The Protect Our Communities Foundation et al v. Chu et al

Filing 128

ORDER denying 116 Plaintiff's Request for Vacatur; Remanding to the Department of Energy for preparation of a supplemental environmental impact statement that addresses the deficiencies identified in this Courts previous orders ( 87 , 113 , entering Judgment for Plaintiffs and denying as moot 126 Motion for Oral Argument. Signed by Judge M. James Lorenz on 8/29/2017. (sjt)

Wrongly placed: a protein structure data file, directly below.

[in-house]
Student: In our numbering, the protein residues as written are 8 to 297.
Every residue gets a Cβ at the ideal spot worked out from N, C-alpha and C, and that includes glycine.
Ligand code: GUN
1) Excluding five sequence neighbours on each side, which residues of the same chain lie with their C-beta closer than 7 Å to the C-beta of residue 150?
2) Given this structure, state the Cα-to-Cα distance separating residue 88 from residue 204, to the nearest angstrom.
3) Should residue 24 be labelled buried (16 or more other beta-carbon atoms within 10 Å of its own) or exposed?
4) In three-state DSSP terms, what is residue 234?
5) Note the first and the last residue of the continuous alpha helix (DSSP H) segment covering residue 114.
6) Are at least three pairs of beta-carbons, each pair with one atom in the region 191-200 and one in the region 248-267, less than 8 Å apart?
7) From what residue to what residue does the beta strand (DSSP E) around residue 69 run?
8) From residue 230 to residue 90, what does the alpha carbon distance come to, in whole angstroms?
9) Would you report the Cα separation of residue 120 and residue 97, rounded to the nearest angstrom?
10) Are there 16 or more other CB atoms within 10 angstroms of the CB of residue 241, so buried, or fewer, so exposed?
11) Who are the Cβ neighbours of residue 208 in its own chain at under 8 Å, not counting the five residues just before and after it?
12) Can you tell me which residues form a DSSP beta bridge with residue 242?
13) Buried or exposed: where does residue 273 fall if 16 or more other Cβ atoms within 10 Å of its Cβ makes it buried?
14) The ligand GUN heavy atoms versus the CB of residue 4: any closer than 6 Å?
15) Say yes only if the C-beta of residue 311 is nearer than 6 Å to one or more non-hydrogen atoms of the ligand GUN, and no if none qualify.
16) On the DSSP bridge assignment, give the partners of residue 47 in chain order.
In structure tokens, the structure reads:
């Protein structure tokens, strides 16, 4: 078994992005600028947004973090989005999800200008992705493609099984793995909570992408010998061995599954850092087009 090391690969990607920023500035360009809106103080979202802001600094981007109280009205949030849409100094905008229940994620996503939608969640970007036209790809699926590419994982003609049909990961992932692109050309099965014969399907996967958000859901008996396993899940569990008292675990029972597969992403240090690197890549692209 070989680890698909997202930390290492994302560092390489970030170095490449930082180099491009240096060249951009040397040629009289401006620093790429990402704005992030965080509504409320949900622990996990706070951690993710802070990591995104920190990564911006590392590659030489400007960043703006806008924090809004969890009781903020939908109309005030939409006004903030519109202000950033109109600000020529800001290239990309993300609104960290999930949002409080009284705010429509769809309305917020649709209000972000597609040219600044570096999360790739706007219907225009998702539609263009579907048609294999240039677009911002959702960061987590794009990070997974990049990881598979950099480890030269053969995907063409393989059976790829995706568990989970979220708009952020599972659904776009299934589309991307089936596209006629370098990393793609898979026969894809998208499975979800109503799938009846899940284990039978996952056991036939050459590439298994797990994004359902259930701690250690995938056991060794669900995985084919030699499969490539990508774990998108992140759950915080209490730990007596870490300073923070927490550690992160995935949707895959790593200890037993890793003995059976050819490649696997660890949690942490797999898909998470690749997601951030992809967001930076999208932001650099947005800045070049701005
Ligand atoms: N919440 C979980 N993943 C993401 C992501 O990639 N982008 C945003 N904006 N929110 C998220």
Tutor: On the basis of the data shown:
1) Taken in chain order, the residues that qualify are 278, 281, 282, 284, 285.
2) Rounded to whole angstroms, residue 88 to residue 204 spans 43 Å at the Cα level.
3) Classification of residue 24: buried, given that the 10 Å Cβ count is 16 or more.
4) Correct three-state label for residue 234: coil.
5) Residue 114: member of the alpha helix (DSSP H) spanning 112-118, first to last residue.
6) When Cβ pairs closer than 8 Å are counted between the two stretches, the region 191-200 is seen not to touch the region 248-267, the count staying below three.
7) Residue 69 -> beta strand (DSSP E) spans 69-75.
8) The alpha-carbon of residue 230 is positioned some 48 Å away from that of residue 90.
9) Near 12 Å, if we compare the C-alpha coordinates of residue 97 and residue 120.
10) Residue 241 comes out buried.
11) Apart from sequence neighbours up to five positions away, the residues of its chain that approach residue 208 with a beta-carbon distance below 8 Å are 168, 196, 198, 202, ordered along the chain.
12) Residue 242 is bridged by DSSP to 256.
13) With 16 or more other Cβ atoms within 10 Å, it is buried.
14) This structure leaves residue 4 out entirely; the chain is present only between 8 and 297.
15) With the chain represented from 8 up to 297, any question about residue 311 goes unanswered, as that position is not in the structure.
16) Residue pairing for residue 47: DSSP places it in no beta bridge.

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1 2 3 4 5 6 7 8 UNITED STATES DISTRICT COURT 9 SOUTHERN DISTRICT OF CALIFORNIA 10 11 12 BACKCOUNTRY AGAINST DUMPS, et al., ORDER ON REMEDY Plaintiffs, 13 14 Case No.: 3:12-cv-03062-L-JLB v. 16 JAMES RICHARD PERRY, in his official capacity as Secretary of the United States Department of Energy, et al., 17 Defendants. 15 18 Pending before the Court is Plaintiffs’ motion [Doc. 116] for vacatur or a 19 20 preliminary injunction as a remedy for Defendant United States Department of Energy’s 21 violation of the National Environmental Policy Act, 42 U.S.C. § 4321 et seq. The Court 22 decides the matter on the papers submitted and without oral argument. See Civ. L. R. 23 7.1(d.1). For the reasons stated below the Court DENIES Plaintiffs’ requested relief and 24 REMANDS this dispute to the United States Department of Energy. 25 // 26 // 27 // 28 // 1 3:12-cv-03062-L-JLB 1 I. 2 BACKGROUND This dispute arises out of the construction and operation of a commercial wind 3 farm (“Wind Farm”) in La Rumorosa, a town in Northern Baja California, Mexico, and a 4 transmission line that straddles the international border to connect the Wind Farm to an 5 electrical substation in Jacumba, California.1 The transmission line runs approximately 6 1.65 miles in total. Roughly .65 miles of the transmission line stands on U.S. soil (the 7 “U.S. Line”), and roughly one mile stands on Mexican soil (the “Mexico Line”). The 8 Wind Farm is a nine figure investment capable of generating enough clean, renewable 9 energy to power 65,000 average households. Plaintiffs are the Protect Our Communities Foundation (“POC”) and Donna 10 11 Tisdale. Both Donna Tisdale and many of the individual members of POC reside in 12 Western Imperial County and Eastern San Diego County and allege that the construction 13 and operation of the Project has harmed their enjoyment of the local environment. The 14 owner of the Wind Farm is intervenor Defendant Energia Sierra Juarez U.S. 15 Transmission, LLC (“ESJ”). ESJ transmits all of the power that the Wind Farm generates 16 to the substation in Jacumba, CA. From there, San Diego Gas and Electric (“SDGE”) 17 distributes the power into the U.S. power grid. Because the transmission line connects at 18 the international border, ESJ had to obtain a presidential permit prior to construction or 19 operation. E.O. 10485 (September 9, 1953), as amended by E.O. 12038 (February 7, 20 1978). 21 Defendant United States Department of Energy (“DOE”) is the federal agency in 22 charge of issuing such permits. The National Environmental Policy Act (“NEPA”), 42 23 U.S.C. § 4332, required DOE to conduct an environmental review and prepare an 24 Environmental Impact Statement (“EIS”) before issuing the permit. DOE undertook an 25 26 As used in this Order, “Wind Farm” refers to the wind turbine facility in Mexico; “U.S. Line” refers to the .65 mile stretch of power line between the ECO Substation and the border; “Mexico Line” refers to the one mile stretch of power line between the border and the ESJ Wind Farm; the “Project” refers to the aggregate of the U.S. Line, the Mexico Line, and the ESJ Wind Farm. 1 27 28 2 3:12-cv-03062-L-JLB 1 environmental review and published a Final Environmental Impact Statement (“FEIS) in 2 May 2012. On August 31, 2012, DOE issued a presidential permit (“PP-334”) 3 authorizing ESJ to connect the transmission lines across the international border. On 4 December 26, 2012, Plaintiffs filed a complaint seeking declaratory and injunctive relief 5 for violations of a number of environmental laws. In October 2013, about ten months 6 after Plaintiffs filed their complaint, construction of the Wind Farm commenced. In 7 April of 2014, construction of the U.S. Line commenced. Commercial operation 8 commenced in April 2015. Plaintiffs never sought preliminary injunctive relief after 9 filing their complaint. 10 After two rounds of summary judgment, only Plaintiffs’ NEPA claim remains. 11 The Court has already held that the NEPA claim is meritorious. Specifically, the Court 12 found that the FEIS prepared by DOE was inadequate, and thus violated NEPA, in two 13 respects: (1) The FEIS purpose and need statement was overly narrow and thus 14 foreclosed consideration of distributed power generation as an alternative to the Project 15 and (2) the FEIS failed to consider the environmental impacts upon Mexico of the U.S. 16 Line, the Mexico Line, and the Wind Farm. 17 The issue before the Court now is the proper remedy for these NEPA violations. 18 Both parties agree that the Court must remand this case to DOE for preparation of a 19 Supplemental Environmental Impact Statement (“SEIS”) that satisfies NEPA. However, 20 disagreement exists as to whether the Court should prohibit continued Project operation 21 during the interim, remand period. Specifically, Plaintiffs seek vacatur of PP-334 and / 22 or a permanent injunction requiring Defendants to disconnect the line at the border until 23 DOE publishes a valid SEIS. Defendants, by contrast, urge the Court to exercise its 24 equitable discretion and allow continued Project operation during the remand period. 25 // 26 // 27 // 28 // 3 3:12-cv-03062-L-JLB 1 II. VACATUR 2 The Administrative Procedures Act (“APA”) provides that a “reviewing court 3 shall… hold unlawful and set aside (A) agency action, findings, and conclusions found to 4 be . . . arbitrary capricious, an abuse of discretion, or otherwise not in accordance with 5 law . . . [or] (D) without observance of procedure required by law. 5 U.S.C. § 6 706(2)(A),(D). However, the APA also provides that, in making such determinations, 7 “due account shall be taken of the rule of prejudicial error.” 5 U.S.C. § 706. Under 8 Plaintiff’s reading of § 706, a court has no discretion but to vacate any agency action 9 found to be unlawful. Thus, Plaintiffs argue, because the Court has already found a 10 11 violation of NEPA, the Court has no discretion and must vacate PP-334. Plaintiffs are incorrect. It is true that vacatur is the normal remedy for unlawful 12 agency action. Idaho Farm Bureau Federation v. Babbitt, 58 F.3d 1392, 1405 (9th Cir. 13 1995). That said, an order of vacatur does not mechanically follow from an APA 14 violation. Rather, a court must consider principles of equity to determine whether the 15 facts warrant vacatur. Id. Specifically, a court must balance the seriousness of the 16 agencies errors against “the disruptive consequences of an interim change that may itself 17 be changed.” Cal. Cmtys. Against Toxics v. U.S. Env’t Prot. Agency, 688 F.3d 989, 992 18 (9th Cir. 2012) (citing Allied-Signal, Inc. v. U.S. Nuclear Regulatory Comm’n, 988 F.2d 19 146, 150-51 (D.C. Cir. 1993)). 20 In Cal. Cmty’s Against Toxics, the Ninth Circuit expressly adopted the D.C. 21 Circuit’s metric for measuring the seriousness of an agency’s error. Toxics, 688 F.3d at 22 989 (citing Allied-Signal, 988 F.2d at 150-51.) Under this approach, an error’s 23 seriousness is coextensive with the extent to which the error creates doubt as to whether 24 the agency made the correct decision. Allied-Signal, 988 F.2d at 150-51. As explained 25 above and in the Court’s previous summary judgment orders, DOE made two procedural 26 errors. 27 28 First, DOE drafted the purpose and need statement in an overly narrow manner such that it foreclosed consideration of distributed power generation as an alternative to 4 3:12-cv-03062-L-JLB 1 the Project. This procedural error, however, appears to be without substantive 2 consequence. Distributed generation refers to generation of power closer to the point of 3 consumption, often taking the form of rooftop solar panels or local processing of 4 renewable energy sources. In October of 2011, the Bureau of Land Management 5 (“BLM”) and the California Public Utilities Commission (“CPUC”) jointly prepared an 6 environmental impact statement in connection with a proposed utility-scale wind farm on 7 federal land about 70 miles east of San Diego.2 The EIS rejected distributed generation 8 as an alternative because it was infeasible from a technical and commercial perspective 9 that distributed generation could produce a meaningfully comparable level of clean 10 energy as a utility scale wind farm. Protect our Cmtys. Found. v. Jewell, 2014 WL 11 1364453 *6 (S.D. Cal. 2014). 12 This conclusion that distributed power generation is not a feasible alternative to a 13 utility scale wind farm has withstood scrutiny by both this district and the Ninth Circuit. 14 Protect our Cmtys. Found. v. Jewell, 2014 WL 1364453 *6; 825 F.3d 571, 581 (9th Cir. 15 2016). On remand, DOE will be entitled to rely on this analysis. Center for Envtl. Law 16 and Policy v. U.S. Bureau of Reclamation, 655 F.3d 1000, 1012 (9th Cir. 2011) (finding 17 it proper to rely on a prior review’s elimination of a specific alternative where the EIS 18 expressly states such reliance). Thus, it seems highly unlikely that DOE’s failure to 19 consider distributed power generation caused an erroneous decision. 20 The second error committed by DOE was its failure to consider in the FEIS the 21 environmental impacts the Project would have upon Mexico. This too seems unlikely to 22 have caused DOE to make an incorrect decision. The Mexican Ministry of 23 Environmental Natural Resources (“MMENR”) reviewed the impacts the Project would 24 have upon Mexico and granted approval. AR 4563, 12483, 12489. Specifically, 25 MMENR conducted an environmental review that involved (1) identifying environmental 26 27 28 2 EIS located at 5 3:12-cv-03062-L-JLB 1 impacts and mitigation measures, (2) publishing findings for review and consultation, and 2 (3) consideration of commentary from both governmental and non-governmental 3 participants. (Barajas Decl. ¶¶ 9–12.) The process also involved MMENR consideration 4 of an 850 page document (produced over a two year period by ESJ and made available 5 for public comment) that details the Project’s impacts on the Mexican environment and 6 describes mitigation measures. Id. ¶¶ 19–22. This environmental review process 7 culminated in the production of an official document called an Environmental Impact 8 Authorization (“EIA”). The EIA documents environmental impacts, mandates various 9 mitigation measures, and authorizes construction of the Mexican portion of the Project. 10 11 (Id. ¶¶ 18, 20.) On remand, DOE will be entitled to attach and incorporate by reference any 12 environmental documents prepared by the Government of Mexico or the United States. 13 See Swiminomish Tribal Cmty. v. Fed. Energy Comm’n, 627 F.2d 499, 511–12 (D.C. Cir. 14 1980) (holding it appropriate to incorporate in an EIS an environmental report prepared 15 in part by the Canadian government that discussed environmental impacts a project 16 would have upon the environment in Canada). Furthermore, given MMENR’s reasoned 17 conclusion that the Project’s impacts upon the Mexican environment are acceptable, and 18 given that Plaintiffs have not articulated any valid reason to suspect problems with the 19 methodology of the Mexican Government’s environmental review process, it seems 20 unlikely that DOE’s remand consideration of these environmental impacts should trigger 21 a different result. Accordingly, the Court finds that DOE’s NEPA violations are not 22 serious. 23 While the errors are not serious, vacatur would be highly disruptive. As described 24 more fully in Section III below, vacatur would disrupt (1) a substantial flow of clean, 25 renewable energy, (2) a substantial revenue stream to both ESJ and members of the 26 Mexican agricultural community collective that lease their land to ESJ, and (3) a number 27 of paying jobs. Vacatur could also decrease power grid reliability. Thus, balancing the 28 seriousness of the errors against the disruptive consequences of vacatur, the Court finds 6 3:12-cv-03062-L-JLB 1 vacatur unwarranted on these facts. The Court therefore DENIES Plaintiffs’ request for 2 vacatur. 3 4 5 III. PERMANENT INJUNCTION In the alternative, Plaintiffs seek permanent injunctions prohibiting continued 6 operation of the project and / or further expansion of the Wind Farm during the remand 7 period. A four factor test governs a court’s determination as to whether a permanent 8 injunction should issue. To merit a permanent injunction, a plaintiff must show 9 (1) that it has suffered an irreparable injury; (2) that remedies available at law, such as monetary damages, are inadequate to compensate for that injury; (3) that, considering the balance of hardships between the plaintiff and defendant, a remedy in equity is warranted; and (4) that the public interest would not be disserved by a permanent injunction. 10 11 12 13 Monsanto Co. v. Geertson Seed Farms, 561 U.S. 139, 156–57 (2010) (internal citations 14 and quotation marks omitted). 15 A. 16 In support of their prayer for an injunction halting Project operation, Plaintiffs list Continued Operation 17 a number of purported environmental harms stemming from both construction and 18 operation. However, construction is complete, and Plaintiffs do not seek removal of any 19 of the constructed facilities. Because Plaintiffs’ requested remedy thus does not aim at 20 any harms resulting from the construction of the Project or from the continued existence 21 of its physical structures, such harms are not the proper focus of the present analysis. Nor 22 is it proper to focus on any general environmental harms from continued operation that 23 are not suffered by Plaintiffs. Pac. Rivers Council v. U.S. Forest Serv., 942 F. Supp. 2d 24 1014, 1025–26 (E.D. Cal. 2013) (citing Friends of the Earth, Inc. v. Laidlaw Envtl. 25 Servs., Inc., 528 U.S. 167, 190–81 (2000)). Rather, the Court’s analysis need only 26 consider harms (1) from continued operation that (2) accrue to Plaintiffs. 27 Such operational harms appear to include only those stemming from maintenance 28 7 3:12-cv-03062-L-JLB 1 vehicle traffic and fire hazard.3 More specifically, the FEIS notes that ongoing 2 maintenance would require the weekly use of two utility vehicles and this will “result in 3 the emission of small quantities of dust and exhaust emissions. The emissions resulting 4 from the relatively few trips required for line maintenance would be of a de minimis 5 nature and would occur infrequently, but last for the life of the project.” AR 12776, 6 12869 (quote). Plaintiff has presented no evidence tending to suggest that the emissions 7 and dust disturbance from the infrequent use of a couple maintenance vehicles will cause 8 them irreparable harm for which there is no adequate remedy at law. Accordingly, the 9 Court finds Plaintiffs’ maintenance vehicle argument unpersuasive. More persuasive is Plaintiffs’ argument concerning fire hazard. The FEIS notes 10 11 that Project operation could cause a wildfire if hardware explodes; conductors crossover; 12 dust or dirt on insulators cause flashover; or if vegetation, debris, or any airborne object 13 comes into contact with energized conductors. AR 12799–800. Furthermore, Mark 14 Ostrander, a member of Plaintiff Backcountry Against Dumps who is a fire suppression 15 expert, submitted a declaration on the topic. (Ostrander Decl. [Doc. 121-2].) In his 16 declaration, Ostrander mostly repeats observations made in the FEIS. To wit, that 17 continued operation could ignite a fire and that a fire in the Greater San Diego area could 18 become severe. Ostrander also states that continued electrification of the lines could 19 impair the ability of firefighters to respond because, ground based fire response would 20 have to maintain a greater distance from the lines and if firefighting aircraft collided with 21 the lines the occupants could sustain electrical shock. (Id. ¶¶ 14, 15.) 22 23 The Court agrees with Plaintiffs that, if a large wildfire occurred, it could cause irreparable injury to Plaintiffs for which there would be no adequate remedy at law. 24 25 26 27 28 3 Plaintiffs also argue that the energized lines and rotating wind turbines will kill thousands of birds. However, Plaintiffs fail to offer any evidence to the effect that (1) energized lines will cause avian fatality or (2) avian fatality stemming from rotating turbines will actually impact Plaintiffs. Furthermore, after careful consideration of the issue, the MMENR concluded that the Wind Farm would not impact avian species at the population level or on a regional scale. (Barajas Decl. ¶ 22.) 8 3:12-cv-03062-L-JLB 1 However, Plaintiffs have not submitted any evidence suggesting how likely it is that 2 continued operation during the remand period may spark a wildfire. The FEIS concluded 3 that the chances of such a fire are “rare”, meaning unlikely. AR 12799–800. 4 Furthermore, the project has been in operation for more than two years. Plaintiff does not 5 allege the Project has sparked a single fire during this timeframe, and Defendant has 6 produced evidence suggesting it has not. (See Barajas Decl. ¶ 30.) 7 Though the chances of continued operation during the remand period sparking a 8 fire appear low, there is no question that the issuance of an injunction would negatively 9 impact ESJ and the public interest. As to ESJ, an injunction would eliminate a 10 substantial revenue stream. The Wind Farm alone is an investment worth over $300 11 million. (Barajas Decl. ¶ 6.) In 2016, the Wind Farm generated $44 million in revenue 12 from transmitting energy into the U.S. power grid. (Id. ¶ 36.) Enjoining operation would 13 kill this revenue stream. (Id.) Further, the current configuration of the Wind Farm is 14 such that it can only transmit energy to the U.S. (Id. ¶ 34.) Though ESJ could 15 reconfigure the Wind Farm for export to the Mexican power grid, it is not feasible that 16 ESJ could complete such a reconfiguration before expiration of the remand period. (Id.) 17 In other words, ESJ would be unable to mitigate the financial damage an injunction 18 would cause. 19 However, the most compelling argument against granting injunctive relief stems 20 from public interest considerations. That the generation of clean, renewable energy is of 21 substantial importance to the public interest is beyond dispute. The Wind Farm produces 22 a considerable amount of clean, renewable energy. It carries a generating capacity of 155 23 megawatts, enough to power approximately 65,000 average households. (Bararjas Decl. 24 ¶ 6.) Thus, enjoining Project operation would significantly decrease the local supply of 25 clean, renewable energy, which would likely have the effect of increasing reliance on 26 more environmentally harmful energy production technology. (Padilla Decl. [Doc. 120- 27 3] ¶ 13.) Injunctive relief could also negatively impact local power grid reliability if 28 other generation sources went offline for any reason and the Wind Farm was legally 9 3:12-cv-03062-L-JLB 1 unavailable as a reserve source of energy production. (Id. ¶¶ 1–12.) 2 Continued operation is also in the public interest from a financial economic 3 standpoint. Project revenues are taxed by the Government of Mexico. Thus, if revenues 4 cease, the Mexican treasury receives less money. Furthermore, the land upon which the 5 Wind Farm stands is owned by a Mexican agricultural collective community called Ejido 6 Jacume. (Barajas Decl. ¶ 5.) Under the contract they executed with ESJ, Ejido Jacume 7 receives a fixed percentage of Project revenues in consideration for the lease of their 8 land. (Id. ¶ 35.) In 2016, ESJ paid Ejido Jacume an average of $148,000 a month on the 9 lease. (Id.) These lease payments from ESJ appear to be a very significant revenue 10 stream to this population. Only about 5% of the Ejido Jacume population have a high 11 school degree; 71% are of low enough means to qualify for Mexico’s version of 12 Medicaid; and over half make less than $128 a month in wages. (Id. ¶ 35.) Because 13 Plaintiffs’ requested injunctive relief would completely dry up this revenue stream, it 14 would cause significant harm to Ejido Jacume. 15 Enjoining operation would also hurt the local Mexican economy by eliminating 16 paying jobs. The Ninth Circuit has held that elimination of paying jobs favors a denial of 17 injunctive relief under NEPA. Toxics, 688 F.3d at 994. Here, ESJ has submitted 18 evidence that ceased operation would likely eliminate more than thirty jobs in Mexico 19 and result in the termination of contracts worth about $600,000 annually. (Barajas Decl. 20 ¶ 39.) 21 The public interest therefore clearly seems to favor denying injunctive relief. 22 However, Plaintiffs correctly argue that NEPA is aimed at fostering informed and 23 meaningful consideration of the environmental consequences of federal actions before 24 such actions occur. Plaintiffs further argue that if this Court does not issue an injunction, 25 federal agencies will have inadequate incentive to comply with NEPA. 26 The Court disagrees. Remand to DOE for further review and preparation of a 27 supplemental environmental impact statement addressing the deficiencies noted in this 28 Court’s previous orders will encourage compliance with NEPA. So too does the fact that 10 3:12-cv-03062-L-JLB 1 NEPA plaintiffs, such as Plaintiffs here, are entitled under the Federal Rules of Civil 2 Procedure to file a motion for preliminary injunctive relief. Moving for such relief before 3 construction moots complaints about environmental harms strengthens a NEPA 4 plaintiff’s position under both the vacatur test and the injunctive relief test. This is 5 because, before construction begins, the disruptive consequences of a vacatur tend to be 6 less severe and the remediable harms to the plaintiffs’ interests that injunctive relief can 7 address tend to be greater. Furthermore, this generalized argument, if granted, would 8 seem to require a court to issue an injunction anytime an agency violates NEPA, 9 regardless of how minor the harm to plaintiff or how significant the harm to a defendant 10 and the public interest. Such a holding would seem in conflict with Ninth Circuit law 11 establishing that not all NEPA violations require setting the agency action aside. Toxics, 12 688 F.3d at 992. 13 Given the foregoing, the Court finds injunctive relief unwarranted on these facts. 14 The certain and significant harms that injunctive relief would cause to the supply of clean 15 energy, ESJ, the Ejido Jacume, Mexican tax revenue, and paying jobs outweigh 16 Plaintiffs’ concerns that continued operation could possibly spark a big wildfire that 17 could harm them. Accordingly, the Court DENIES Plaintiffs’ request for an injunction 18 prohibiting continued operation. 19 20 B. 21 Plaintiffs also seek an injunction prohibiting further expansion of the Wind Farm. Further Expansion 22 Plaintiffs’ argument for this relief consists only of citation to portions of the 23 administrative record. AR 12472, 12473, 12482–83, 12515, 12555–56, 12560, 12607– 24 08. The Court has reviewed all portions of the Administrative Record to which Plaintiffs 25 cite. From the record, it appears that the proposed expansion would involve increasing 26 power generation from 155 megawatts to up to 1,250 megawatts. AR 12482. This 27 expansion is not a planned certainty. It is simply a future option considered in the FEIS. 28 (Id.) If the expansion happens, the new wind turbines would likely be located a number 11 3:12-cv-03062-L-JLB 1 of miles south of the existing Wind Farm. (Id.) It appears highly unlikely that the new 2 turbines would even be viewable from the United States. (AR 12483) (“Subsequent 3 expansion of the [Wind Farm] would be located south of the town of La Rumorosa . . . , 4 sufficiently distant from the U.S. viewing points such that visual impacts are not 5 expected.”); (AR 12472) (map showing location of future phase wind turbines.) 6 As noted above, the only environmental harms relevant to the injunctive relief 7 analysis are those that accrue to Plaintiffs. Pac. Rivers Council v. U.S. Forest Serv., 942 8 F. Supp. 2d 1014, 1025–26 (E.D. Cal. 2013) (citing Friends of the Earth, Inc. v. Laidlaw 9 Envtl. Servs., Inc., 528 U.S. 167, 190–81 (2000). Plaintiffs do not submit any evidence 10 explaining how the construction of turbines approximately twenty miles south of the 11 border will cause harm to them. Indeed, Plaintiffs do not even provide an explanation of 12 such alleged harms. A failure to submit evidence demonstrating an irreparable injury for 13 which there is no adequate remedy at law is fatal to a request for permanent injunctive 14 relief. Monsanto, 561 U.S. at 156–5y. The Court therefore DENIES Plaintiffs’ request 15 for a permanent injunction prohibiting further expansion of the Wind Farm during the 16 remand period. 17 // 18 // 19 // 20 // 21 // 22 // 23 // 24 // 25 // 26 // 27 // 28 12 3:12-cv-03062-L-JLB 1 2 IV. CONCLUSION & ORDER For the foregoing reasons, the Court orders as follows: 3  Plaintiffs’ request for vacatur is DENIED. 4  Plaintiffs’ request for a permanent injunction is DENIED. 5  This case is remanded to DOE for preparation of a supplemental 6 environmental impact statement that addresses the deficiencies identified in 7 this Court’s previous orders [Docs 87, 113]. The Clerk of Court shall enter 8 judgment for Plaintiffs. 9 10 11  Plaintiffs’ request for retained jurisdiction is DENIED.  Defendants’ ex parte motion [Doc. 126] for oral argument is DENIED AS MOOT. 12 13 IT IS SO ORDERED. 14 Dated: August 29, 2017 15 16 17 18 19 20 21 22 23 24 25 26 27 28 13 3:12-cv-03062-L-JLB